Rocroi, ancient fortress town, Ardennes département, Grand Est région, northeastern France. It lies 4 miles (6 km) from the Belgian frontier. The great bastions surrounding the small town in the form of a pentagon have been preserved intact and offer an excellent example of 16th- to 17th-century

  • Rocroi, Battle of (French history [1643])

    Battle of Rocroi, (May 19, 1643), a military engagement of the Thirty Years’ War in which a French army of 22,000 men, under the Duke d’Enghien (later known as the Great Condé), annihilated a Spanish army of 26,000 men under Don Francisco de Melo, marking the end of Spain’s military ascendancy in

  • Rod (Slavic religion)

    Rod, in Slavic religion, god of fate and the creator of the world. Ceremonial meals in his honor, consisting of meatless dishes such as bread and cheese, survived into Christian

  • rod (retinal cell)

    Rod, one of two types of photoreceptive cells in the retina of the eye in vertebrate animals. Rod cells function as specialized neurons that convert visual stimuli in the form of photons (particles of light) into chemical and electrical stimuli that can be processed by the central nervous system.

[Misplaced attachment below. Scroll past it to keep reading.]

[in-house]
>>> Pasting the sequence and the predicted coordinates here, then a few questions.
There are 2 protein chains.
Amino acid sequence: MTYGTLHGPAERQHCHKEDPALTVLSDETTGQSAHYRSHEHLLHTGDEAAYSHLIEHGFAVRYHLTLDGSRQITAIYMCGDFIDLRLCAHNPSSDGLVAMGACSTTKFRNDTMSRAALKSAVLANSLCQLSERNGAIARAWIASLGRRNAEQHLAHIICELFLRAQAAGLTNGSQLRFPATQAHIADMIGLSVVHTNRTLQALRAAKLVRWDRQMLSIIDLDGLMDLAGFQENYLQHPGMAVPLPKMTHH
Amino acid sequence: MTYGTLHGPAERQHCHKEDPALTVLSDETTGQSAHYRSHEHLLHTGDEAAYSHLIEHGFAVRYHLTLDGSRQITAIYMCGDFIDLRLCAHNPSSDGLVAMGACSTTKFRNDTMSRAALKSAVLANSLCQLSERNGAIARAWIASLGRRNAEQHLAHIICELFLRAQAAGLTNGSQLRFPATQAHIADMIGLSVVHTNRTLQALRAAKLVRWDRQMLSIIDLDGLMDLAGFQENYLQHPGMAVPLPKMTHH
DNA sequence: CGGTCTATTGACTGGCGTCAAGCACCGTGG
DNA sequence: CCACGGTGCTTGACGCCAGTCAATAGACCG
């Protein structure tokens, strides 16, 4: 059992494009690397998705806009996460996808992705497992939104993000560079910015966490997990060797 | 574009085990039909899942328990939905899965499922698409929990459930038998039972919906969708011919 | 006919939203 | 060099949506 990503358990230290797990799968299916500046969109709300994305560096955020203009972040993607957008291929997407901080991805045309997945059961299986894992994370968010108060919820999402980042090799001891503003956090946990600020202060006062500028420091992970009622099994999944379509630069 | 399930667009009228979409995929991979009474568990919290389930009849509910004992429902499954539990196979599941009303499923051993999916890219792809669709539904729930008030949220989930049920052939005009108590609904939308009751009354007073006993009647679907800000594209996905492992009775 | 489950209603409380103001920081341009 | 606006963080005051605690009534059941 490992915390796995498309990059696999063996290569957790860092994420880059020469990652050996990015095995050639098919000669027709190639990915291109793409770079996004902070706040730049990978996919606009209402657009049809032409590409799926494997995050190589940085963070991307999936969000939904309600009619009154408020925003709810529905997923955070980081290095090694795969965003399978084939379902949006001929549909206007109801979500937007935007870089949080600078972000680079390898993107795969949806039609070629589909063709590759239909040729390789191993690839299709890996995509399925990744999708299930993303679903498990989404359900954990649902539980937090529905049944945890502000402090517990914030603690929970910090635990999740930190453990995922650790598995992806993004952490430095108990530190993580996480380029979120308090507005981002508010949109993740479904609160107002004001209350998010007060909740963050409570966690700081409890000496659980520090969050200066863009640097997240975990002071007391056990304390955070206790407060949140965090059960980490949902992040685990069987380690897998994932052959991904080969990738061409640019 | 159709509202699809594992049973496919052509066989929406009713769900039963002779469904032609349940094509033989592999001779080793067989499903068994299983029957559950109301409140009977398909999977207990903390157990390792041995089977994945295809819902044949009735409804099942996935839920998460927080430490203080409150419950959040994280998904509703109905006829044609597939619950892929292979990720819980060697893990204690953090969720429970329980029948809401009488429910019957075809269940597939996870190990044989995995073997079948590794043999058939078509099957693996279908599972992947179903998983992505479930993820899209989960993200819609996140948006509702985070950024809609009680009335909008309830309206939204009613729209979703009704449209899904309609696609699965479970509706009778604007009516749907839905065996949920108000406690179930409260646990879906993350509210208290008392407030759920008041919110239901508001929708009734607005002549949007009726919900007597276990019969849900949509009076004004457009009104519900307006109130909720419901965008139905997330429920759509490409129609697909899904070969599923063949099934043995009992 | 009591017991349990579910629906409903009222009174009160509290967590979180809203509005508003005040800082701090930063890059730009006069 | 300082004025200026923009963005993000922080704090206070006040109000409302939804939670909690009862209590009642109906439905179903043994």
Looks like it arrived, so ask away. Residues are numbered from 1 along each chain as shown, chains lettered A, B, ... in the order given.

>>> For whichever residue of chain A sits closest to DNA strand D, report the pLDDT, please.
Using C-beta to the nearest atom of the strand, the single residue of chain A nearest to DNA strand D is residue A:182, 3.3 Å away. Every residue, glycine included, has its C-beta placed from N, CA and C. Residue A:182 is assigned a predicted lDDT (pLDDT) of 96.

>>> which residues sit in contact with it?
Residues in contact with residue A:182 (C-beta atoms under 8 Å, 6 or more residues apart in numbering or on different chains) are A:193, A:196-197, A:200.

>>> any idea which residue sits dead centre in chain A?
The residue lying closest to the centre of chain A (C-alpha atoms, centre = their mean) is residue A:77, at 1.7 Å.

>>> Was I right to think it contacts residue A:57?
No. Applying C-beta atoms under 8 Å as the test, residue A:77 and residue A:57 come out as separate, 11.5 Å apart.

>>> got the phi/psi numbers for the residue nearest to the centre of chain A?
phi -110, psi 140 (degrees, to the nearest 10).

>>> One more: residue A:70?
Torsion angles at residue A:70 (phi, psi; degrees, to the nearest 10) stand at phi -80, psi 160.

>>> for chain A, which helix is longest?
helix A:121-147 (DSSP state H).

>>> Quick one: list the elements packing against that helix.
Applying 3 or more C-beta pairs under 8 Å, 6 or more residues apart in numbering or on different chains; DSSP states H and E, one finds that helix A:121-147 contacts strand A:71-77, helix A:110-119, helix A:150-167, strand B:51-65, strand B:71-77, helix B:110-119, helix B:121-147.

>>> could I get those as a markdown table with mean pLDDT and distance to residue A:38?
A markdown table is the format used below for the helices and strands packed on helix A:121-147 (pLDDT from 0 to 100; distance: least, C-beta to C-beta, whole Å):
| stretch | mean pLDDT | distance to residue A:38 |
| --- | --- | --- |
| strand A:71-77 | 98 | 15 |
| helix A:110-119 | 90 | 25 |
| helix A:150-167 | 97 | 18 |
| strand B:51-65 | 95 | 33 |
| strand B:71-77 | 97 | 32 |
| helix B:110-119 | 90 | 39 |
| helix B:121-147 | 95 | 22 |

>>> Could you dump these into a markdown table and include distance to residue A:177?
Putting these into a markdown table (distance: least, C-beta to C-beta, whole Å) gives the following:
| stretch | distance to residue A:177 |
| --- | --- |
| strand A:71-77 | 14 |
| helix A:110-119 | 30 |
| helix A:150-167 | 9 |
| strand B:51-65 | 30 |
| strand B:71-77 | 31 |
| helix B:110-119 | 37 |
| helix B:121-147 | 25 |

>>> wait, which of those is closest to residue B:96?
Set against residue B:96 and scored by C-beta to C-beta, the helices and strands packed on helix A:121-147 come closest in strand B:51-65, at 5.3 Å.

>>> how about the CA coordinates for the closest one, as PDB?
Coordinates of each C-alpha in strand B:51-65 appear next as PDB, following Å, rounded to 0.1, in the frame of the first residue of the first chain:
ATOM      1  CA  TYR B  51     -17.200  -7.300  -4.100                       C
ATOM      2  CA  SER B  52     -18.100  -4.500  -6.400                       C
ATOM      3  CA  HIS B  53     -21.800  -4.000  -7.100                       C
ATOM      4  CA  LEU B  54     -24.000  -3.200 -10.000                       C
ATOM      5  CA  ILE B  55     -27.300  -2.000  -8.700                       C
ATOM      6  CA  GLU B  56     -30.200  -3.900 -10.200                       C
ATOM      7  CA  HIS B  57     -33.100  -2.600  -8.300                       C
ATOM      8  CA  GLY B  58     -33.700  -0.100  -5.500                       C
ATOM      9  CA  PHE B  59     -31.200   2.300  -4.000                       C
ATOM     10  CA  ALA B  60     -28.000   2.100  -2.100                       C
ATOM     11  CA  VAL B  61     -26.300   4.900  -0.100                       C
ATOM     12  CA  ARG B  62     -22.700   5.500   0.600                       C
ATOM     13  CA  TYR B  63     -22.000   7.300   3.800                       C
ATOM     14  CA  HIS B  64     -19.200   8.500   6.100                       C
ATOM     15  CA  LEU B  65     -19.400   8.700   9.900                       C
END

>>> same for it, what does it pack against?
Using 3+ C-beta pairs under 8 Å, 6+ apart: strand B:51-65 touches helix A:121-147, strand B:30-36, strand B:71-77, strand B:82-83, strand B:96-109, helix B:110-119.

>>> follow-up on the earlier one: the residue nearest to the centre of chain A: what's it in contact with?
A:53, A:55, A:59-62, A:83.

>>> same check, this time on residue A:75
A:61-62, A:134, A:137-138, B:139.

• rod (glass)

    industrial glass: Tubes and rods: Tubes and rods are made in three processes: the Danner process, the downdraw process, and the Vello process. In the Danner process, a continuous stream of glass flows over a hollow, rotating mandrel that is mounted on an incline inside a surrounding muffle. With…

  • rod (metallurgy)

    sound: In solid rods: A thin metal rod can sustain longitudinal vibrations in much the same way as an air column. The ends of a rod, when free, act as antinodes, while any point at which the rod is held becomes a node, so that the representation of…

  • rod (measurement)

    Rod, old English measure of distance equal to 16.5 feet (5.029 metres), with variations from 9 to 28 feet (2.743 to 8.534 metres) also being used. It was also called a perch or pole. The word rod derives from Old English rodd and is akin to Old Norse rudda (“club”). Etymologically rod is also akin

  • rod

    fishing: Early history: …of the line to a rod, at first probably a stick or tree branch, made it possible to fish from the bank or shore and even to reach over vegetation bordering the water.

  • rod brake (device)

    bicycle: Brakes: In developing countries rod brakes are often used. Rods connect the handlebar levers to stirrups that pull pads of friction material against the inside of the rim. Front and rear brakes on other bikes are actuated by cables connected to a brake lever on each handlebar. Caliper brakes…